Twitter: Threatening to bring Elon Musk to justice over blue tilde

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The controversy surrounding the verification of Twitter accounts has skyrocketed in recent days, and could now have a fate in US justice, according to sources warned by Wired Magazine.

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After the April 20 announcement that Twitter would remove blue badges from accounts that don’t pay Twitter Blue, Elon Musk surprised everyone by keeping the badges of several famous people. So it happened with the writer Stephen Kingthe star of the NBA Lebron James and Star Trek actor William Shatner.

But these blue checkmarks were included with a suggestive and controversial label: “This account is verified because they are signed up for Twitter Blue and have verified their phone number.” Out of the box, Stephen King opposed the move. “My Twitter account says I’ve signed up for Twitter Blue. It wasn’t me. My Twitter account says I gave him a phone number. I do not”.

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Stephen King's tweet against Twitter's blue tilde.

Stephen King’s tweet against Twitter’s blue tilde.

The comings and goings on the blue tilde hasn’t stopped. Elon Musk’s latest decision aimed to keep this free status only for those with more than one million followers before April 20, along with a note saying you paid for it. Like Stephen King, many have said no, which, if true, would expose Twitter to legal trouble.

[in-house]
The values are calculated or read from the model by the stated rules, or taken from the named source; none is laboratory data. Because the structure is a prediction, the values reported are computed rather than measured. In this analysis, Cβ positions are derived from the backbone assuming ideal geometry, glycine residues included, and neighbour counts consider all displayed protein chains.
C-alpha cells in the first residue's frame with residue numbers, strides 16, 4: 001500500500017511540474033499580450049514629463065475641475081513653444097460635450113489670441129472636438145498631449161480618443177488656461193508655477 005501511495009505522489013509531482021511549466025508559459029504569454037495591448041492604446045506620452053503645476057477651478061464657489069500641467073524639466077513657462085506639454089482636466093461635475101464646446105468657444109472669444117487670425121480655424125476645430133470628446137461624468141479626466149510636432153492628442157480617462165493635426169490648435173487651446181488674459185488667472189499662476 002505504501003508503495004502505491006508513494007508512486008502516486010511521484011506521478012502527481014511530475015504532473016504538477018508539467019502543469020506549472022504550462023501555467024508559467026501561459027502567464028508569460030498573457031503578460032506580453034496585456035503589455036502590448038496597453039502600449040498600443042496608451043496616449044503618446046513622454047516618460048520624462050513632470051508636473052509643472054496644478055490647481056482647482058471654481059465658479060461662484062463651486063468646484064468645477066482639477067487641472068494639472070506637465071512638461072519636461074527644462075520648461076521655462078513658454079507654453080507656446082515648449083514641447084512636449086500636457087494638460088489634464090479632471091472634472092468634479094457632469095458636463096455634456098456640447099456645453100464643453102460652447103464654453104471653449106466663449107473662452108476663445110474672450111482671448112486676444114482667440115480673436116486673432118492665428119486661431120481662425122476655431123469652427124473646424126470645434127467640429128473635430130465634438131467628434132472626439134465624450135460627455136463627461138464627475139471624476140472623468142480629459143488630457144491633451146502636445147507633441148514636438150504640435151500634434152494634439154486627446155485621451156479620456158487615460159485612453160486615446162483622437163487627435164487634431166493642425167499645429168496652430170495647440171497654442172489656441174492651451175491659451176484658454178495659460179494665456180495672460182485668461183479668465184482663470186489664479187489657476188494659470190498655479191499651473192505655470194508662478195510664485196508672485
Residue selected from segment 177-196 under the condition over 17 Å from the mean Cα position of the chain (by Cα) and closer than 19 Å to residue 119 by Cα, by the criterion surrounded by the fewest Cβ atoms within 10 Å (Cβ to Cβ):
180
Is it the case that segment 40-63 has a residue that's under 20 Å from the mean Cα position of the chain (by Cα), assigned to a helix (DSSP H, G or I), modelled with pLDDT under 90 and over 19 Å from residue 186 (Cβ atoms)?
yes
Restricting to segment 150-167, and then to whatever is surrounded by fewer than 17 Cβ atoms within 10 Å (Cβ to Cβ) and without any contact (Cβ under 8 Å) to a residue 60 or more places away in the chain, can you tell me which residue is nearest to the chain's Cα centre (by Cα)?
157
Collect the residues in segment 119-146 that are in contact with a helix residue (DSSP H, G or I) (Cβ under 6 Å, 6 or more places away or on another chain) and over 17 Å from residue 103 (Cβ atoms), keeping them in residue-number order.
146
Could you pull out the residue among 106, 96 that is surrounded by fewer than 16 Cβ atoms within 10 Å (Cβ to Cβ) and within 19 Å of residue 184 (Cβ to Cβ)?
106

“There are a number of potential legal complaints we could see about blue Twitter watchdog accounts that haven’t signed up for them and don’t want them,” acknowledged Alexandra Roberts, a law and media professor at Northeastern University, according to the magazine. Wired.

He added, “Because this badge is meant for users who are subscribed to Twitter Blue and have verified their phone number.”

The laws at stake

Among the laws Twitter could violate are several US federal and state laws, they say, that prohibit false advertising or endorsement and unfair competition, as well as lawsuits for defamation and misappropriation of the right of publicity.

In all potential actionable cases, Twitter’s false claim that celebrities paid for Blue would have to demonstrate constituted an endorsement of the platform’s service or commercial use, or that consumers watching them would be misled, the lawyers recognized.

Elon Musk, CEO of TwitterPhoto Reuters

Elon Musk, CEO of TwitterPhoto Reuters

The launch of Twitter Blue has by far been a resounding success for Musk’s management. This $8 membership, they reported, makes up less than 1 percent of their projected annual revenue.

By imposing blue flags on non-consenting users, Twitter could also have opened up regulatory action in the European Union and the United Kingdom as well, as unfair and deceptive practices that can manipulate consumers are prohibited in both jurisdictions and affect markets.

Source: Clarin

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